2.34% versus 2.40% versus 2.42% versus 2.44% versus 2.43% versus 2.42% versus 2.39%
Oil: 97.31, +3.23. Surging off the Thursday flop and back in the early August two week range. Oversold bounce time? Looks like it but the 10 day EMA has held it down since mid-June.
Gold: 1306.60, -8.60. Big selloff below the 50 day EMA intraday, but then its own recovery to hold that level on the week.
USD/JPY: Tried to rally, sold below the 200 day SMA again After 1.5 weeks in recovery bounce, problematical here.
102.33 versus 102.45 versus 102.43 versus 102.24 versus 102.20 versus 102.01 versus 102.10.
Bulls are falling off nicely, dropping into the 40's, a good indication that some froth was removed after the last rally.
A new sentiment indication has cropped up, however, one negative for the market: institutional selling and other cash outflows.
Last week saw a $0.71B increase in inflows to high yield funds and ETF's. That followed four weeks of rather large outflows hitting a crescendo with a -$6.7B outflow before last week's return to positive. Of course that withdrawal coincided with the July selling, but note in the chart how in the March to May selling the outflows were nowhere near as strong as in July, and indeed saw some inflows during the selling. The July event was different.
If you look bigger at who is buying and who is selling (the new figures of buys and sells of big investors were released last week) Bank of America notes you see the same pattern of the past two years: institutions selling and companies buying . . . their own stock.
As the charts show, this pattern is nothing new: institutions selling, corporations buying for the past year. The market has performed to the upside during this time because companies are very interested in buying their stock. Recall that is one of the 'new' forms of 'capital investment' companies are engaged in versus the old fashioned equipment, research, and people. Dividends were first, now stock buybacks.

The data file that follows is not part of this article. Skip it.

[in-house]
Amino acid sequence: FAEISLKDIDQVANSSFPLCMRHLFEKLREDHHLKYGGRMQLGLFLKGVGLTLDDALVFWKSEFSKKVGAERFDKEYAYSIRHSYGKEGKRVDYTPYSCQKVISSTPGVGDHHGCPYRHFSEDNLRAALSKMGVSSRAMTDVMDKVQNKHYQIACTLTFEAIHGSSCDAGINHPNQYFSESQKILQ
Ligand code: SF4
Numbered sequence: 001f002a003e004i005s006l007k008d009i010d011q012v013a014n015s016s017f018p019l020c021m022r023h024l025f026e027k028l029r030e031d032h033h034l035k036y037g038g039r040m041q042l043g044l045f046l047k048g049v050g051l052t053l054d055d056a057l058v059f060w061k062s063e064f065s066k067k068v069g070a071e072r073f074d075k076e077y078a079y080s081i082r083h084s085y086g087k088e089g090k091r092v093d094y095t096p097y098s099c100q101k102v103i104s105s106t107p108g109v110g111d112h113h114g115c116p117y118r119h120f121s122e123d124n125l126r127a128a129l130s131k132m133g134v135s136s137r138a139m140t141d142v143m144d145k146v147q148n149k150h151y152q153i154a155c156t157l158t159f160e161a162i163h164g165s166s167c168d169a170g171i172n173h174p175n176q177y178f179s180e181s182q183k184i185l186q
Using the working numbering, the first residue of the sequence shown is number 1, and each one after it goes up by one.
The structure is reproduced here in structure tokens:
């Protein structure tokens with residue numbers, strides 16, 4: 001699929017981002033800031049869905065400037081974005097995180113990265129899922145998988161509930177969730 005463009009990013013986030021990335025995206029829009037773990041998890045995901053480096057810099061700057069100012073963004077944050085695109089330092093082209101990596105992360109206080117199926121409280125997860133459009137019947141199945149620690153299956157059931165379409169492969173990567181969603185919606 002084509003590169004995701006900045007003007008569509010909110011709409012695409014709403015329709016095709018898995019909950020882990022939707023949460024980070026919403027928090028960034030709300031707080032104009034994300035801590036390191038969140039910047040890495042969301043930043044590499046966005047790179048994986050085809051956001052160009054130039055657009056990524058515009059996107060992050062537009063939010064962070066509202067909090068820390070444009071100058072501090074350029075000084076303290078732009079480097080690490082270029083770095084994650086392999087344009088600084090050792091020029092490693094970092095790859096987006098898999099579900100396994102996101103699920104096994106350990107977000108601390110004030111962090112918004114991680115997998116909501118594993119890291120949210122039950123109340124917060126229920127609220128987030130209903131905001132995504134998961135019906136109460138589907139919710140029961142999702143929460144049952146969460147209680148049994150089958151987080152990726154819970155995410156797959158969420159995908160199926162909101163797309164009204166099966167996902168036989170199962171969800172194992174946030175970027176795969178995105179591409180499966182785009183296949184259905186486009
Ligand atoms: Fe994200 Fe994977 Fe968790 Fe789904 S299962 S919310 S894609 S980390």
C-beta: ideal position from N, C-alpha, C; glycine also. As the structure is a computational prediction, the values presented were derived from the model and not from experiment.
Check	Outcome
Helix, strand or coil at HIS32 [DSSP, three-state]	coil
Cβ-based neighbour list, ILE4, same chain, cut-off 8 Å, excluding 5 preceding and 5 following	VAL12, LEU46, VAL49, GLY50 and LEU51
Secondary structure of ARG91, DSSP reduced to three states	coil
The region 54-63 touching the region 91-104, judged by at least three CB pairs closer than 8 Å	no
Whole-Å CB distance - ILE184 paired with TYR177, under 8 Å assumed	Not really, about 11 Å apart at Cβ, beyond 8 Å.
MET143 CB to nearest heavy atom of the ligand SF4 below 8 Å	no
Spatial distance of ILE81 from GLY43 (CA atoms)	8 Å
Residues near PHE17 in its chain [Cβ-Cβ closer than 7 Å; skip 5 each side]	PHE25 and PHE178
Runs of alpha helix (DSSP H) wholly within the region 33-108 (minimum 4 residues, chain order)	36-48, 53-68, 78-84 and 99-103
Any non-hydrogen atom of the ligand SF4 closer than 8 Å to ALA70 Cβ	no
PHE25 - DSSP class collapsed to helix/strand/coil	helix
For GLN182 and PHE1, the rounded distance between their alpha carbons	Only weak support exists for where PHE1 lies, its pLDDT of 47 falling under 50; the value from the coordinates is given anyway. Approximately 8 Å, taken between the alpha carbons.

The question is: when do the buybacks run dry? For now the big companies are making money even with a still high percentage of companies showing no revenue growth or even declines. They opt to use that to buy back stock to keep the price higher and thus assure executive bonus incentives are reached. I suppose that will go on as long as they are making money and don't see any appreciable change in the government's policies.
You could argue the wildcard is the outflows from ETF's and other funds those four weeks. Will that start a trend where truly the only major players in the stock market are companies buying back stock? Heck, it is already there is it not? I mean, the retail investor has never really come back to the stock market, and the majority that did only put money in ETF's that supposedly mimic the performance of whatever they invest in, and not too well at that. Kind of designed mediocrity. Given their numbers as a percentage of the total players, their exit would thus likely not be all that notable.
The interesting thing is, this exodus pretty much started at the top as the indices hit those higher post-crash highs. Are they acting smarter this time or does this simply mean they are again bailing at the wrong time, i.e. before a new surge? Something to keep in mind as the market action unfolds, but as always the leaders and indices will tell the story. This kind of data just heightens your focus in keeping tabs on the market and leader action.
VIX: 13.15; +0.73
VXN: 13.37; +0.42
VXO: 11.73; +0.35
Put/Call Ratio (CBOE): 1.01; +0.09
Bulls and Bears:
Bulls still falling hard: 46.4% versus 50.5% versus 55.6%
Bears back down, still in the 16 to 17 range: 16.2% versus 17.1% versus 16.2%
Theory: When everyone is bullish and has put all their capital to work, where does the ammunition to drive the market come from? There is always new money to start a new year. After that is used will more money be coming? That is the question.
Note the extreme bullishness: it was this high in 2007 at the crash, in early 2005 as well.
Bulls: 46.4% versus 50.5%